Study: Majority of hospitals fail to meet CMS’ price transparency requirements
Most hospitals are noncompliant with CMS’ Hospital Price Transparency final rule, according to a study published June 14 in JAMA. Out of a random sample of 100 hospitals, 83 were noncompliant with at least one significant requirement.
The rule, effective January 1, requires hospitals to post their standard charges online in a single machine-readable file and as a separate, consumer-friendly listing of 300 shoppable services. Standard charges, as defined by CMS, include the following types of charges:
- De-identified minimum and maximum negotiated charges
- Discounted cash prices
- Gross charges
- Payer-specific negotiated rates
Hospitals may meet the requirement to post a separate list of 300 shoppable services by offering a consumer-friendly price estimator tool.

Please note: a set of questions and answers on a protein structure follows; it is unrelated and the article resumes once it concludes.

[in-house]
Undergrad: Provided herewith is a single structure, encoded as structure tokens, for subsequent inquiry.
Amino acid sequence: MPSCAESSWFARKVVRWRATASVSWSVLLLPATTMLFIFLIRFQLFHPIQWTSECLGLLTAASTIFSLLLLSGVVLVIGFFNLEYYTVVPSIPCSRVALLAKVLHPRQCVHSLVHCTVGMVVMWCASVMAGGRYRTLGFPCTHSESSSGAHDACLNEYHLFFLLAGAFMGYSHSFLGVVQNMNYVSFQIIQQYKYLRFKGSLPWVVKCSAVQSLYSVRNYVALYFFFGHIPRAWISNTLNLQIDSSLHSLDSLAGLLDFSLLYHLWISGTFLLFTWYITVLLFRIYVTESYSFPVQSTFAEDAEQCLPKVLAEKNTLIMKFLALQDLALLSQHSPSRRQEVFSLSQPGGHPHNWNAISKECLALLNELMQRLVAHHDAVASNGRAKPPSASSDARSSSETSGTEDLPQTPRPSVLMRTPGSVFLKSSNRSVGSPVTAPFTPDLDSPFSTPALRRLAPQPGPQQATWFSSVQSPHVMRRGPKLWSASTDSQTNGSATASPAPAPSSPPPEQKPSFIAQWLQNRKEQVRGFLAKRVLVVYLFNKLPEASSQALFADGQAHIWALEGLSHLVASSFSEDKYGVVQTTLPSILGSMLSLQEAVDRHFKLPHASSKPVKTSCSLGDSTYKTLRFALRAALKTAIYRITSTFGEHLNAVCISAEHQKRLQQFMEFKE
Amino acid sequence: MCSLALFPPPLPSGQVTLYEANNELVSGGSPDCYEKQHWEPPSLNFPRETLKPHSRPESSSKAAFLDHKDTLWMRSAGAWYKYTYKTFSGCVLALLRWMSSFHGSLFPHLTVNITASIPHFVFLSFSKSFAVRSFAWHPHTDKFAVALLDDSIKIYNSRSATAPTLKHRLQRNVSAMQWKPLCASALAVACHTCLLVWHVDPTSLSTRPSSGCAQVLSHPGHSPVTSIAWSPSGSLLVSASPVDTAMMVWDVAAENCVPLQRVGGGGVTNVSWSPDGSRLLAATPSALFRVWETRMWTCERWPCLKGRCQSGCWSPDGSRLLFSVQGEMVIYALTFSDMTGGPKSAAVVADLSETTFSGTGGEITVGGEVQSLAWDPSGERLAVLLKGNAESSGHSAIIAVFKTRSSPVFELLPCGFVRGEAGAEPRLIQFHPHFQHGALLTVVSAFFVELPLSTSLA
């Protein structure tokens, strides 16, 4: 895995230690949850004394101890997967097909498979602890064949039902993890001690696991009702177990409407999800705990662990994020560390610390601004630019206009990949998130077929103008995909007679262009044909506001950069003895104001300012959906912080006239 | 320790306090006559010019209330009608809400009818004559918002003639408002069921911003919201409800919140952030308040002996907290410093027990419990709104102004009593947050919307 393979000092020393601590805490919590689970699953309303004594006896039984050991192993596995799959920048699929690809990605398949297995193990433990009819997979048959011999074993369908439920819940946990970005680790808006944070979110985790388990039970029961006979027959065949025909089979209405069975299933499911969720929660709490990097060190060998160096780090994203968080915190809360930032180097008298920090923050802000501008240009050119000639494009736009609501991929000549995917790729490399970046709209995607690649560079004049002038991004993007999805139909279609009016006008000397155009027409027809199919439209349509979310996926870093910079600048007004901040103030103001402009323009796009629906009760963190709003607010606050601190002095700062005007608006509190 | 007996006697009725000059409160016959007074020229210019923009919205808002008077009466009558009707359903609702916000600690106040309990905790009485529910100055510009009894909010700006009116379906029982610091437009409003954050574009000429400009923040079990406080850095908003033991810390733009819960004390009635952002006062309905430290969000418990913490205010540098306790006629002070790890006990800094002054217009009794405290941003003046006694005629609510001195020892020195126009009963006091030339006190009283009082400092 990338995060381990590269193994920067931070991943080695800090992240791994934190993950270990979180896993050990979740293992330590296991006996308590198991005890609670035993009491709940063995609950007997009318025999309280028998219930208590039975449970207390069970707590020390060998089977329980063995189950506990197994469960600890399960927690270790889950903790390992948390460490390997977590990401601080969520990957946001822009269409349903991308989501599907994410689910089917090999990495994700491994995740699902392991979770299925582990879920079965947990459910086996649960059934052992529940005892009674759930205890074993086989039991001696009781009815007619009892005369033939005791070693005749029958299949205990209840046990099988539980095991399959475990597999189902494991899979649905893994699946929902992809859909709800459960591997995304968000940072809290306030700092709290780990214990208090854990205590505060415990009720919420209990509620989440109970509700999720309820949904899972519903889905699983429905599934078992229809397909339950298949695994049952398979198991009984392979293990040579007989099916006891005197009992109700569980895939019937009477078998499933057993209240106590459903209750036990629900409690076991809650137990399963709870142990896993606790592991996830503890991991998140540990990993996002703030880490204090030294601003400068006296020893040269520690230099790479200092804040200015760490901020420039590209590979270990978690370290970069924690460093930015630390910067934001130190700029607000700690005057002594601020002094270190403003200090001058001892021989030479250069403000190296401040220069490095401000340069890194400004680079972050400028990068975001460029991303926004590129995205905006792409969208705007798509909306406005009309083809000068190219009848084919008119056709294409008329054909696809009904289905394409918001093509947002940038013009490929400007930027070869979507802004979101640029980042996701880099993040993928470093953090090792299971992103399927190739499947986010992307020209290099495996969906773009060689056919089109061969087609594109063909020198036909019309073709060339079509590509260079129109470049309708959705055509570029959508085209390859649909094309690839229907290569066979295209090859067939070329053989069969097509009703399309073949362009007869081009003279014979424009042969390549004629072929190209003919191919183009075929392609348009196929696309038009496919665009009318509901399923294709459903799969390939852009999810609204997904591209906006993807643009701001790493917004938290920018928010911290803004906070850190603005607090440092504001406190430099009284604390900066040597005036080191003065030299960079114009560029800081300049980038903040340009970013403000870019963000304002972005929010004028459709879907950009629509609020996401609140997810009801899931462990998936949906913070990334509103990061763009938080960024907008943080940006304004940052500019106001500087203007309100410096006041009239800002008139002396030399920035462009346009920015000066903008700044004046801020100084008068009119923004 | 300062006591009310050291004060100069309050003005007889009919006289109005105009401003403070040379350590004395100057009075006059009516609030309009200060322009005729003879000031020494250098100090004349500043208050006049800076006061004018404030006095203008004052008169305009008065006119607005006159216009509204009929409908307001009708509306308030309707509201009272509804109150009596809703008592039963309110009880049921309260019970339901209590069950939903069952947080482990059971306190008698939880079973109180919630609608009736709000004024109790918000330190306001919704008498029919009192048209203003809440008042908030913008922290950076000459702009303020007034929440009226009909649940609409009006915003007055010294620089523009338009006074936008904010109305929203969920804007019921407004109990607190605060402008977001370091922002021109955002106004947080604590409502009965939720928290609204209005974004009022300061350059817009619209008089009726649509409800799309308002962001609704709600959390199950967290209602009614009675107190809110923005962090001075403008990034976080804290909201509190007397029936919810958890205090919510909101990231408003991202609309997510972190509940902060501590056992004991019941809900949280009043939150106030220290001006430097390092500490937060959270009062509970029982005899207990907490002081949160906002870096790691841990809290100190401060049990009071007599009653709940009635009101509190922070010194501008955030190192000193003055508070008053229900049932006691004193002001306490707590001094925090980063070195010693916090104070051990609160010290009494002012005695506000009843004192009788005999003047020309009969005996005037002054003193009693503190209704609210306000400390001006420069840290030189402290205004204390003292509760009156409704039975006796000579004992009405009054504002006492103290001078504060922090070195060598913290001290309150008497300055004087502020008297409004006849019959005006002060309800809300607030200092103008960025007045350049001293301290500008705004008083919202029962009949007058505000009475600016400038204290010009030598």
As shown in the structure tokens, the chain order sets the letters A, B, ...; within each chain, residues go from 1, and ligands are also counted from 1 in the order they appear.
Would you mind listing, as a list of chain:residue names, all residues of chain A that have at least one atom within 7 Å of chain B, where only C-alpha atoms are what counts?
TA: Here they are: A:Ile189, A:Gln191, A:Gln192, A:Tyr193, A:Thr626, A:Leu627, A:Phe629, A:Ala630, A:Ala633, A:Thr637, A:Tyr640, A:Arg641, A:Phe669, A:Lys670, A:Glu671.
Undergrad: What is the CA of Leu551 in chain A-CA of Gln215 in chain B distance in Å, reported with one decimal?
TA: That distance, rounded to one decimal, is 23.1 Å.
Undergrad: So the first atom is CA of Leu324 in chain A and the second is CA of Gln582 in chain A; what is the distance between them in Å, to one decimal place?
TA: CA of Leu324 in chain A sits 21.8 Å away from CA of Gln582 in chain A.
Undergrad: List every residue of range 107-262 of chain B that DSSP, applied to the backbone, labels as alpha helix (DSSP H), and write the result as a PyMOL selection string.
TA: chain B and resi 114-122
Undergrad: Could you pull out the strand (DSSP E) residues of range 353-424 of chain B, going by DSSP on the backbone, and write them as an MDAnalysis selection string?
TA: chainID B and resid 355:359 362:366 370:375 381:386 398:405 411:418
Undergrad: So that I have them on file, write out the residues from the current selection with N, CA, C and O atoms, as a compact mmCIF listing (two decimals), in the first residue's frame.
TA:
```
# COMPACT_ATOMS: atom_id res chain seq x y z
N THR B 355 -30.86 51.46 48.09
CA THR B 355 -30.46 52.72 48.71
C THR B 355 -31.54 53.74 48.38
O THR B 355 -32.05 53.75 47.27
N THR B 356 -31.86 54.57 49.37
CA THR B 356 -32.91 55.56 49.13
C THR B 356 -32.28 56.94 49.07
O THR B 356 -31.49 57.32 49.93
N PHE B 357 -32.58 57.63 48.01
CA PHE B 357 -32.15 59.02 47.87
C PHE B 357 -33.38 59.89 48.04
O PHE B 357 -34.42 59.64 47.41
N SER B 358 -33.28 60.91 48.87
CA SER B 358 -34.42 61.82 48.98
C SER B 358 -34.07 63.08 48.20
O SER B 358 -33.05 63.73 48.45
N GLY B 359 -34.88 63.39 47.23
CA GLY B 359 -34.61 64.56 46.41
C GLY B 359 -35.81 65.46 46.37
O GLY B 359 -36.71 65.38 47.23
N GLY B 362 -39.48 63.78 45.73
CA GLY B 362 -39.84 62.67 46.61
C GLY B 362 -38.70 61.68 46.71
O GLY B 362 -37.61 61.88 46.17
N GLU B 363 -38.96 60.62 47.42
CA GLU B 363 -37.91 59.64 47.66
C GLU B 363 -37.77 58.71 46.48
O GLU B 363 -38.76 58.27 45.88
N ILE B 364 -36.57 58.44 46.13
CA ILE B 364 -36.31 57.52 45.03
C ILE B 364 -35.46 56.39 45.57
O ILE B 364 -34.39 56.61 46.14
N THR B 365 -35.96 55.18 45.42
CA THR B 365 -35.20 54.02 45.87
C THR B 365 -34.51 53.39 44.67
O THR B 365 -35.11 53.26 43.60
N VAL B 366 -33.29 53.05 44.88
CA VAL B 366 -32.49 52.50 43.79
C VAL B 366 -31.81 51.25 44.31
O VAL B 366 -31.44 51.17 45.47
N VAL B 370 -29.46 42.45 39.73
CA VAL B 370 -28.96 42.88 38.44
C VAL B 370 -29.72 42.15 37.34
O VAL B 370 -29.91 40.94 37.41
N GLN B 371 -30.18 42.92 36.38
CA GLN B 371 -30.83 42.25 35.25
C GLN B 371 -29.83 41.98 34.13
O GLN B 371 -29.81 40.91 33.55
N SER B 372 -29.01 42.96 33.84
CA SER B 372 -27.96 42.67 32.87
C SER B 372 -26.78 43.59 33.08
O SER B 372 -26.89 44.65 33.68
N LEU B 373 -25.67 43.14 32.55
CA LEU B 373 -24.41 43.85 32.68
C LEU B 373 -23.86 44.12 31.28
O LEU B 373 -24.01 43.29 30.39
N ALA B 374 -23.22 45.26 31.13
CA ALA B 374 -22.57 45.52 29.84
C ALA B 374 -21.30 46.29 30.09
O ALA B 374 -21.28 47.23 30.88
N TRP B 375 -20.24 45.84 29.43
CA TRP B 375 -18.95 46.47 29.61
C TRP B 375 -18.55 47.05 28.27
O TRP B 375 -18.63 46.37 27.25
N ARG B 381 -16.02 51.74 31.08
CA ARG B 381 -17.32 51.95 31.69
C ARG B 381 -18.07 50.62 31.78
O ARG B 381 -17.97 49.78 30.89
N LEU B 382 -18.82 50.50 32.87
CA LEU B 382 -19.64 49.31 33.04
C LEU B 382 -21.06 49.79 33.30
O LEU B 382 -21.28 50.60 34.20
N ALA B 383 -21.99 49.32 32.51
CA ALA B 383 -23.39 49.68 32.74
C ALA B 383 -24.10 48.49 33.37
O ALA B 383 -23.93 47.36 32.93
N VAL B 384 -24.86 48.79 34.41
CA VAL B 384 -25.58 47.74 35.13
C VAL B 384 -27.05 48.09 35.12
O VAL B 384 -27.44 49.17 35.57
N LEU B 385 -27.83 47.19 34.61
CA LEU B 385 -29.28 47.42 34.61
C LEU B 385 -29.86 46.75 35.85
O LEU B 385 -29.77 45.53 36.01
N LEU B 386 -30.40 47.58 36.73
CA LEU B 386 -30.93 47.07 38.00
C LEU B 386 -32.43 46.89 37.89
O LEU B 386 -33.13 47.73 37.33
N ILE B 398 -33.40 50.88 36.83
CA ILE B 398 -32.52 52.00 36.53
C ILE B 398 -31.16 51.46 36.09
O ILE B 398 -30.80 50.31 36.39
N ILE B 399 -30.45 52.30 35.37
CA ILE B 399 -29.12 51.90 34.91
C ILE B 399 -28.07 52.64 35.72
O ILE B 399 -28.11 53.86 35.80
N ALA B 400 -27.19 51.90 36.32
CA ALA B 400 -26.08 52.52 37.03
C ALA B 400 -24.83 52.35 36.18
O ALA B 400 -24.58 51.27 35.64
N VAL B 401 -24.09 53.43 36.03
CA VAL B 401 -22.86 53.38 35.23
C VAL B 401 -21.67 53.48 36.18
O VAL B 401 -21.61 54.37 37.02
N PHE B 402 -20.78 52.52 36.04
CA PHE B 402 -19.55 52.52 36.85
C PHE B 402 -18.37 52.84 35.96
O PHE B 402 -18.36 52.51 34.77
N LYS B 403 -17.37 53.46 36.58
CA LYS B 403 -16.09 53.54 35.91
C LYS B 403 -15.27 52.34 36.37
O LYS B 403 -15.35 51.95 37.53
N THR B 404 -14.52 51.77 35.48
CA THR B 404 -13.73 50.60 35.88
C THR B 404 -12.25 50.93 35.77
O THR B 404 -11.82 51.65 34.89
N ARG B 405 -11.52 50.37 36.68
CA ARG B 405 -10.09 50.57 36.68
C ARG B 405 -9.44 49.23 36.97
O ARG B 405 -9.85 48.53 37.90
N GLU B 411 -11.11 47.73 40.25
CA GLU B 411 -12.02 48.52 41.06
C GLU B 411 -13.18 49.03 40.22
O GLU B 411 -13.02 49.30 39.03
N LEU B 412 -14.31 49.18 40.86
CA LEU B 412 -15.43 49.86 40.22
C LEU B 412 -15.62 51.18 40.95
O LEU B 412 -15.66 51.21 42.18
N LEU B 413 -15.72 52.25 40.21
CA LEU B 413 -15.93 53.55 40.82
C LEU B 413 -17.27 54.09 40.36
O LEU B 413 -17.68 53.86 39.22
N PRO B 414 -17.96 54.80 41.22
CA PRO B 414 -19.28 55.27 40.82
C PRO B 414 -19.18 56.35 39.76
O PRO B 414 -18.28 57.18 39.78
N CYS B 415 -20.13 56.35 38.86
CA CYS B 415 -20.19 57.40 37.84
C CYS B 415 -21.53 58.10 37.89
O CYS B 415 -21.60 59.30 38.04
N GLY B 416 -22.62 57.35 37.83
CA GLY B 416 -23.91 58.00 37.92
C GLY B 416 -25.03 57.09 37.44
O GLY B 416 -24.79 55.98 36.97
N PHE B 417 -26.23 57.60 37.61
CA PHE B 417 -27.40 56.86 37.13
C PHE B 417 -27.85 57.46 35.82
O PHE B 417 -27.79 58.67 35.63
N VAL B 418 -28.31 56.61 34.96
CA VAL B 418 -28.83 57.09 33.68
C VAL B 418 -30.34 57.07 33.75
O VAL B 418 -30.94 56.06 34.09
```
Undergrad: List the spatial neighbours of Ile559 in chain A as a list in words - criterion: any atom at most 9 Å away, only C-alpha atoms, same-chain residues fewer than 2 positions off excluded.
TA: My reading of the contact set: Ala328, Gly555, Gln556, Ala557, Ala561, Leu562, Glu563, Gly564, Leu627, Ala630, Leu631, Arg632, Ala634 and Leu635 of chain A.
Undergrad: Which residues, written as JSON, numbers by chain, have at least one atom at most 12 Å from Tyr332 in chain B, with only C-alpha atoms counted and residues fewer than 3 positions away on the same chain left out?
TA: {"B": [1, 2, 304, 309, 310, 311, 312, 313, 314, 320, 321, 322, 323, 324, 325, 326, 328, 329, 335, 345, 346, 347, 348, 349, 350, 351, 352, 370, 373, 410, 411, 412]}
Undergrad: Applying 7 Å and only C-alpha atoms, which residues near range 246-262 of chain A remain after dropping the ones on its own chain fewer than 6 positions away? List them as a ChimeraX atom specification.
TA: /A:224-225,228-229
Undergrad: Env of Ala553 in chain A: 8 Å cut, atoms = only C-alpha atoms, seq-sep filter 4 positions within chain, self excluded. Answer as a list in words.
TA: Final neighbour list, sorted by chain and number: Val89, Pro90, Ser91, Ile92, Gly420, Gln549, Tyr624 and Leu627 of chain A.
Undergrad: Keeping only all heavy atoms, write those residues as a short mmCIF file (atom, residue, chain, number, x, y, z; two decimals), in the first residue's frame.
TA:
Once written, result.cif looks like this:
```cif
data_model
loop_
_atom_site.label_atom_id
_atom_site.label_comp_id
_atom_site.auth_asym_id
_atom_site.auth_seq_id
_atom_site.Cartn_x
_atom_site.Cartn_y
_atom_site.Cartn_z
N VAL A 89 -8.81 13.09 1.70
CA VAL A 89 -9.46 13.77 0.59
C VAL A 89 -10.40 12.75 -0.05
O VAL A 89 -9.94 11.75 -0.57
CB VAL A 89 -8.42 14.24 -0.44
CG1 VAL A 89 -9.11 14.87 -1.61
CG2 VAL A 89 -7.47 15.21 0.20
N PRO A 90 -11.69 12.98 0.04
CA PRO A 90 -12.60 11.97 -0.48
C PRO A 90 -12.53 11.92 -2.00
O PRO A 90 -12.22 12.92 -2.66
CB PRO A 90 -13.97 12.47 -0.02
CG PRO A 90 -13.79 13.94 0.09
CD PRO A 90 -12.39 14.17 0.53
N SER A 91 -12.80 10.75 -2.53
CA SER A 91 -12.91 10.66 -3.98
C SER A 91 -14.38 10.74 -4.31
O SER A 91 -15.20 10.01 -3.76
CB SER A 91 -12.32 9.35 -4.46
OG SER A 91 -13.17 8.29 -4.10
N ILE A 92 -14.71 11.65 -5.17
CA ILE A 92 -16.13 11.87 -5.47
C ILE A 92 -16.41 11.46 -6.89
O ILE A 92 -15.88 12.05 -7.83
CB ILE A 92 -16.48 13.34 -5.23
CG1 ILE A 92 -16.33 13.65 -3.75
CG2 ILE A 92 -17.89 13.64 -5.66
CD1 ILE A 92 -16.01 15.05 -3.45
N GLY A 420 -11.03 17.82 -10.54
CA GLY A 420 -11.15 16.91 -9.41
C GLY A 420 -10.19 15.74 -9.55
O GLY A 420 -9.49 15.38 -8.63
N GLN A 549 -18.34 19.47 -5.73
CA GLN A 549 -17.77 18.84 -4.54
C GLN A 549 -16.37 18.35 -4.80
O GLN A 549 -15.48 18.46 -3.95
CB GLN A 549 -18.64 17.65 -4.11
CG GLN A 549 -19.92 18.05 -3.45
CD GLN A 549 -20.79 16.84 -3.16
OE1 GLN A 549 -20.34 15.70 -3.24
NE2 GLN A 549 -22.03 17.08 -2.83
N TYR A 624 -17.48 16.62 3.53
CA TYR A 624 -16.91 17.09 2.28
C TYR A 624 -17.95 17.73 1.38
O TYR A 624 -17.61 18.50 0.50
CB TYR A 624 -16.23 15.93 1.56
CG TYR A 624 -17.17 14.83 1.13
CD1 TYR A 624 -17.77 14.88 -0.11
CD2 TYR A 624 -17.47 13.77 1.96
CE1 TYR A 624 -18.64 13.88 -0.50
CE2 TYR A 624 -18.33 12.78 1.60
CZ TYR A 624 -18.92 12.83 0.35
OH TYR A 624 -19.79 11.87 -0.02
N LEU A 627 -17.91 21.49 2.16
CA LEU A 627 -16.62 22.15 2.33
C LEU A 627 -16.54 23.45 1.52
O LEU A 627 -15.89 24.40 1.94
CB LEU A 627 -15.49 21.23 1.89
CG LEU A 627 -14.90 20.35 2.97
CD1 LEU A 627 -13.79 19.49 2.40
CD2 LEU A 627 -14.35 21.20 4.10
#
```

The study found that, of the sample of 100 hospitals, only 33 posted payer-specific negotiated rates. Compliance with the requirement to post discounted cash prices was even lower, with only 30 hospitals providing that information. However, 52 hospitals offered a price estimator tool that fulfilled the requirement to post a separate list of 300 shoppable services.
CMS’ relatively low penalty for noncompliance—$300 per day—may be one cause of low compliance, the study authors suggested. The COVID-19 pandemic may also have played a role, although the study authors pointed out that rule was finalized before the pandemic and hospitals had more than a year to prepare. Low compliance this early suggests that noncompliance will continue to be an issue, according to the study authors.
Hospitals should review the rule and their efforts to comply. Revenue integrity professionals should ensure published charge data is up to date and that processes are in place to allow for regular updates and reviews.
Editor’s note: Find more of NAHRI’s price transparency coverage and resources here.